‘That is all very well for those who have love,’ said Lily. ’Some have not who do their duty conscientiously—another word which I hate, by the bye.’
‘They have love in a rough coat, perhaps,’ said Alethea, ’and I should expect it soon to put on a smoother one.’
CHAPTER VII—SIR MAURICE
’Shall thought was his, in after time,
Thus to be hitched into a rhyme;
The simple sire could only boast
That he was loyal to his cost,
The banished race of kings revered,
And lost his land.’
The holidays arrived, and with them the three brothers, for during the first few weeks of the Oxford vacation Claude accompanied Lord Rotherwood on visits to some college friends, and only came home the same day as the younger ones.
Maurice did not long leave his sisters in doubt as to what was to be his reigning taste, for as soon as dinner was over, he made Jane find the volume of the Encyclopaedia containing Entomology, and with his elbows on the table, proceeded to study it so intently, that the young ladies gave up all hopes of rousing him from it. Claude threw himself down on the sofa to enjoy the luxury of a desultory talk with his sisters; and Reginald, his head on the floor, and his heels on a chair, talked loud and fast enough for all three, with very little regard to what the damsels might be saying.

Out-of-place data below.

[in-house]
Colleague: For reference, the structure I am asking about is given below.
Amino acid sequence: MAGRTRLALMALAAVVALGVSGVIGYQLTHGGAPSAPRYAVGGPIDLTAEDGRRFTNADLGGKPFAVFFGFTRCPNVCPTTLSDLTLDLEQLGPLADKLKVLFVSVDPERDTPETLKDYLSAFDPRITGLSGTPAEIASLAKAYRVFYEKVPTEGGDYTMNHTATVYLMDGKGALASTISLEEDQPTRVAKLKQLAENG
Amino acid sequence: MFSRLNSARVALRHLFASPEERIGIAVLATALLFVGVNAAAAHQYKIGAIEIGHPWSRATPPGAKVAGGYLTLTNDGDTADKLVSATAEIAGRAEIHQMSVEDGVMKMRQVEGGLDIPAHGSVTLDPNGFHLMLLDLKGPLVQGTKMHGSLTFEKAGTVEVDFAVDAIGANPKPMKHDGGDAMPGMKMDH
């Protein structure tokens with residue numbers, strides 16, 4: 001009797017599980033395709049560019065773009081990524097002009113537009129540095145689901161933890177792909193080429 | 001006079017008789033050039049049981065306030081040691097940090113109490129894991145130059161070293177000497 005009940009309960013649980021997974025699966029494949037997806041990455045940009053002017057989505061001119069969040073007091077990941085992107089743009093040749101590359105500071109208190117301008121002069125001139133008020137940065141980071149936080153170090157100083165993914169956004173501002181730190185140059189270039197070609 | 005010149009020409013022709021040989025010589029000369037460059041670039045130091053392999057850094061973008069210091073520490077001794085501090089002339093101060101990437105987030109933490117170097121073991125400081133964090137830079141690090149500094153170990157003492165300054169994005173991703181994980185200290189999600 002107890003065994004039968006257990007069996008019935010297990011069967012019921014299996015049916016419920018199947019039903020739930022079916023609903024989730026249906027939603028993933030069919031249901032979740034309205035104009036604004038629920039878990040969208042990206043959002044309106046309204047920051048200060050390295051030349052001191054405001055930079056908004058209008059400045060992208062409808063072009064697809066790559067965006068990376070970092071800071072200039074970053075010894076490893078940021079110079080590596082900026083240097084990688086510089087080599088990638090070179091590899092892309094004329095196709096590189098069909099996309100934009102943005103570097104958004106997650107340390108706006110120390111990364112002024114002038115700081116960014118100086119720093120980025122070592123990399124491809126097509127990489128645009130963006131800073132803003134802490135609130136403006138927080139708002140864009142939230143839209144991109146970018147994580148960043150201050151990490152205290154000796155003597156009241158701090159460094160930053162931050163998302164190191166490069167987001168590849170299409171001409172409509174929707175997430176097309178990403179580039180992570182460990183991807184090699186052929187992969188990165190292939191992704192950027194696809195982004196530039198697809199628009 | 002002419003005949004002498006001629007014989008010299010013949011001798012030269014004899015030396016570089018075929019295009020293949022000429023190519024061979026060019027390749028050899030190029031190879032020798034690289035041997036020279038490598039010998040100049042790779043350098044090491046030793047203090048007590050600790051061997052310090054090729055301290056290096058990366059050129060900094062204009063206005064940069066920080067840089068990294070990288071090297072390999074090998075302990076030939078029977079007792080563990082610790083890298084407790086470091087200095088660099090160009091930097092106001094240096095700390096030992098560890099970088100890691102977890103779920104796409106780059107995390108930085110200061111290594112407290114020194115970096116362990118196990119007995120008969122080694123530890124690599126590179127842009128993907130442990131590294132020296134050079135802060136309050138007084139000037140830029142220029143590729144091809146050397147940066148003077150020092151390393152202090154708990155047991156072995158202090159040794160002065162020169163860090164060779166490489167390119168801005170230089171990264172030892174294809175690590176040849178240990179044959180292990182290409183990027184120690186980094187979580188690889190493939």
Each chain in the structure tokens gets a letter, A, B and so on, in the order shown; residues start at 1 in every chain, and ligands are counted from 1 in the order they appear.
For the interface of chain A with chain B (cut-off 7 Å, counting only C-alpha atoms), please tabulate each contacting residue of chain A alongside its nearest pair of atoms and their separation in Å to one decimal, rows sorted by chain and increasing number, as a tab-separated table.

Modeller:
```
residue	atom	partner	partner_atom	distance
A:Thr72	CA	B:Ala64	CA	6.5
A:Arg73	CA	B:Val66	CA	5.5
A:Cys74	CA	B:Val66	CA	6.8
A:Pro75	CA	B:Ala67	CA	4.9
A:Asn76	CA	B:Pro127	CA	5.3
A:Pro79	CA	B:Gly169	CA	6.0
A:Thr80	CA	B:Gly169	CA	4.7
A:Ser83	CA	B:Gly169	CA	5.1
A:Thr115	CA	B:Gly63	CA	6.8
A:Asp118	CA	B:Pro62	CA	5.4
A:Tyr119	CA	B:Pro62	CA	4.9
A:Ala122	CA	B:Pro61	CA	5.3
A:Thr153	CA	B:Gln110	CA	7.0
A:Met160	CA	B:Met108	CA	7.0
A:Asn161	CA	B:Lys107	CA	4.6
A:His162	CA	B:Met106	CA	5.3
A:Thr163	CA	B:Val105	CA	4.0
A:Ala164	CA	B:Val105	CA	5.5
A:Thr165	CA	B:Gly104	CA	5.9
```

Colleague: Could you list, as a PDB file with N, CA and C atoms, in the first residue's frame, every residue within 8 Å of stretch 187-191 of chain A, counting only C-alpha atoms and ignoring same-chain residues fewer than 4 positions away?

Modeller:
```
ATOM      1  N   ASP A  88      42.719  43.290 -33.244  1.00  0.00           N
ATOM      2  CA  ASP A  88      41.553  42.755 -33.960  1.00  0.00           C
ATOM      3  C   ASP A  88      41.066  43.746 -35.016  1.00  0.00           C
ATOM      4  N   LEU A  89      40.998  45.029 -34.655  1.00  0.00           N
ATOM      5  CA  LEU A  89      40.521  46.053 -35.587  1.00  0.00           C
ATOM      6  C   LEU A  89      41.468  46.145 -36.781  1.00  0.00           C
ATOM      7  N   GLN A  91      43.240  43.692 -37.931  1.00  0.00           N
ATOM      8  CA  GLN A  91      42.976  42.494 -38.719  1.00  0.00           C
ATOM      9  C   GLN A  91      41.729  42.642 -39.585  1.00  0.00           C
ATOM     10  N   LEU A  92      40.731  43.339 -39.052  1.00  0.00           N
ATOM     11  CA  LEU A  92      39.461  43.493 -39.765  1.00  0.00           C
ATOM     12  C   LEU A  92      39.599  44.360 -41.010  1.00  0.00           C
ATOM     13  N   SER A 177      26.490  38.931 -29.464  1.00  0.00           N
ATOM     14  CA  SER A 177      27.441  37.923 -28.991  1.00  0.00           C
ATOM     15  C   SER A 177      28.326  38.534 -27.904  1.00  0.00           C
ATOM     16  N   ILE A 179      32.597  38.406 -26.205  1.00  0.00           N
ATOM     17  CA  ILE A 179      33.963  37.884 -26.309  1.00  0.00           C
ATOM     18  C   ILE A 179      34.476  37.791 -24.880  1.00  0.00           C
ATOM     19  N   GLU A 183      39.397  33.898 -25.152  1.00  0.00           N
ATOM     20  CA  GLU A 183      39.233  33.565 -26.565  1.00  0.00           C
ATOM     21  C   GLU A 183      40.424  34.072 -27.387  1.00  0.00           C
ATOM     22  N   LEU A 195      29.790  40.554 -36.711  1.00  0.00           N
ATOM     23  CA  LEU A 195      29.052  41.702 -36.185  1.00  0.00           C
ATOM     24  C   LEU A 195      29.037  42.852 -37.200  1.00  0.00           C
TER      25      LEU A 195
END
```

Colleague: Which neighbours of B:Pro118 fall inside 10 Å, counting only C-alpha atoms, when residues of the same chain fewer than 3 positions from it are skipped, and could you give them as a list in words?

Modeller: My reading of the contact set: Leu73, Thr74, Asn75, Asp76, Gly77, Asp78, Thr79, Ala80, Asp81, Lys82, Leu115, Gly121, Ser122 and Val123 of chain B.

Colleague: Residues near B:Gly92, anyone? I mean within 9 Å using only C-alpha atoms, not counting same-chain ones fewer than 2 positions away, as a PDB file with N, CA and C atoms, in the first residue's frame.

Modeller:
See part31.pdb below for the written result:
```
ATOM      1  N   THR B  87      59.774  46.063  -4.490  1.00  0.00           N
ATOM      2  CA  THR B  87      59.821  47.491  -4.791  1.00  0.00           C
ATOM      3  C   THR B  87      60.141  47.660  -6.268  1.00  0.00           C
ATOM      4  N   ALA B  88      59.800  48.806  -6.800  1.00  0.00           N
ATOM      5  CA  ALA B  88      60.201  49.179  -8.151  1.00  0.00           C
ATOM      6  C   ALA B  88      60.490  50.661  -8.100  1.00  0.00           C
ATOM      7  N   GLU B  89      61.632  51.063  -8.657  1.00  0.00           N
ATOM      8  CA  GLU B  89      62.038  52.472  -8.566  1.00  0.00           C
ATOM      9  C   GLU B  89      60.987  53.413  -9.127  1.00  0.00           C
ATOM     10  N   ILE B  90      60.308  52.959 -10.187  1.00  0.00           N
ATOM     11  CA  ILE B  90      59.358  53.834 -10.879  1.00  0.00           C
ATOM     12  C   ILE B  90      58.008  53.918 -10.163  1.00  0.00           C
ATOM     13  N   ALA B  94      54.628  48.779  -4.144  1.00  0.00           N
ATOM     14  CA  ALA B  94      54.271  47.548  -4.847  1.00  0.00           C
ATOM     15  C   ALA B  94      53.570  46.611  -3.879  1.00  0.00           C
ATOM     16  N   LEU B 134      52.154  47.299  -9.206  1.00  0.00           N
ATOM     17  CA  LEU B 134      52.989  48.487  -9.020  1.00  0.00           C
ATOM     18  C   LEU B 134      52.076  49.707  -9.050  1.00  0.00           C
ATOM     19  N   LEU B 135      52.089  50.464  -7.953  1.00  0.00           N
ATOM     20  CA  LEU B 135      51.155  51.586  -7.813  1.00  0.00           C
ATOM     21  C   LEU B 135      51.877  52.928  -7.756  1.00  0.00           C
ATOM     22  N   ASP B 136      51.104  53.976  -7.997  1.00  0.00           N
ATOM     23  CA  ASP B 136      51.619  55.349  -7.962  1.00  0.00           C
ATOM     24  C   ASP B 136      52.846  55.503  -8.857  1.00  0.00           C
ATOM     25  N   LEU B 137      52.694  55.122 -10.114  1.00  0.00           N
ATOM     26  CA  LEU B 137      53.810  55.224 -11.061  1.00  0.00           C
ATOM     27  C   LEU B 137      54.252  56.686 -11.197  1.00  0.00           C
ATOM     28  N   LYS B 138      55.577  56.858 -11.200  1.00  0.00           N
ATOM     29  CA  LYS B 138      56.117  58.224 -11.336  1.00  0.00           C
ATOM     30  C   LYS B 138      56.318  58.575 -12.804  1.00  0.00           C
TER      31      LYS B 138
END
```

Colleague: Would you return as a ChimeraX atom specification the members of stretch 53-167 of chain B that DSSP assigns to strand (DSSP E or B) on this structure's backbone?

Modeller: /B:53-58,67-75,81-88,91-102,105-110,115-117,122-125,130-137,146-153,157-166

‘Oh! Claude,’ said Lily, ’you cannot think how much we like Miss Weston, she lets us call her Alethea, and—’
Here came an interruption from Mr. Mohun, who perceiving the position of Reginald’s dusty shoes, gave a loud ‘Ah—h!’ as if he was scolding a dog, and ordered him to change them directly.
‘Here, Phyl!’ said Reginald, kicking off his shoes, ’just step up and bring my shippers, Rachel will give them to you.’
Away went Phyllis, well pleased to be her brother’s fag.
‘Ah! Redgie does not know the misfortune that hangs over him,’ said Emily.
‘What?’ said Reginald, ’will not the Baron let Viper come to the house?’
‘Worse,’ said Emily, ‘Rachel is going away.’
‘Rachel?’ cried Claude, starting up from the sofa.
‘Rachel?’ said Maurice, without raising his eyes.
‘Rachel! Rachel! botheration!’ roared Reginald, with a wondrous caper.
‘Yes, Rachel,’ said Emily; ’Rachel, who makes so much of you, for no reason that I could ever discover, but because you are the most troublesome.’
’You will never find any one to mend your jackets, and dress your wounds like Rachel,’ said Lily, ’and make a baby of you instead of a great schoolboy. What will become of you, Redgie?’
‘What will become of any of us?’ said Claude; ’I thought Rachel was the mainspring of the house.’
‘Have you quarrelled with her, Emily?’ said Reginald.
‘Nonsense,’ said Emily, ’it is only that her brother has lost his wife, and wants her to take care of his children.’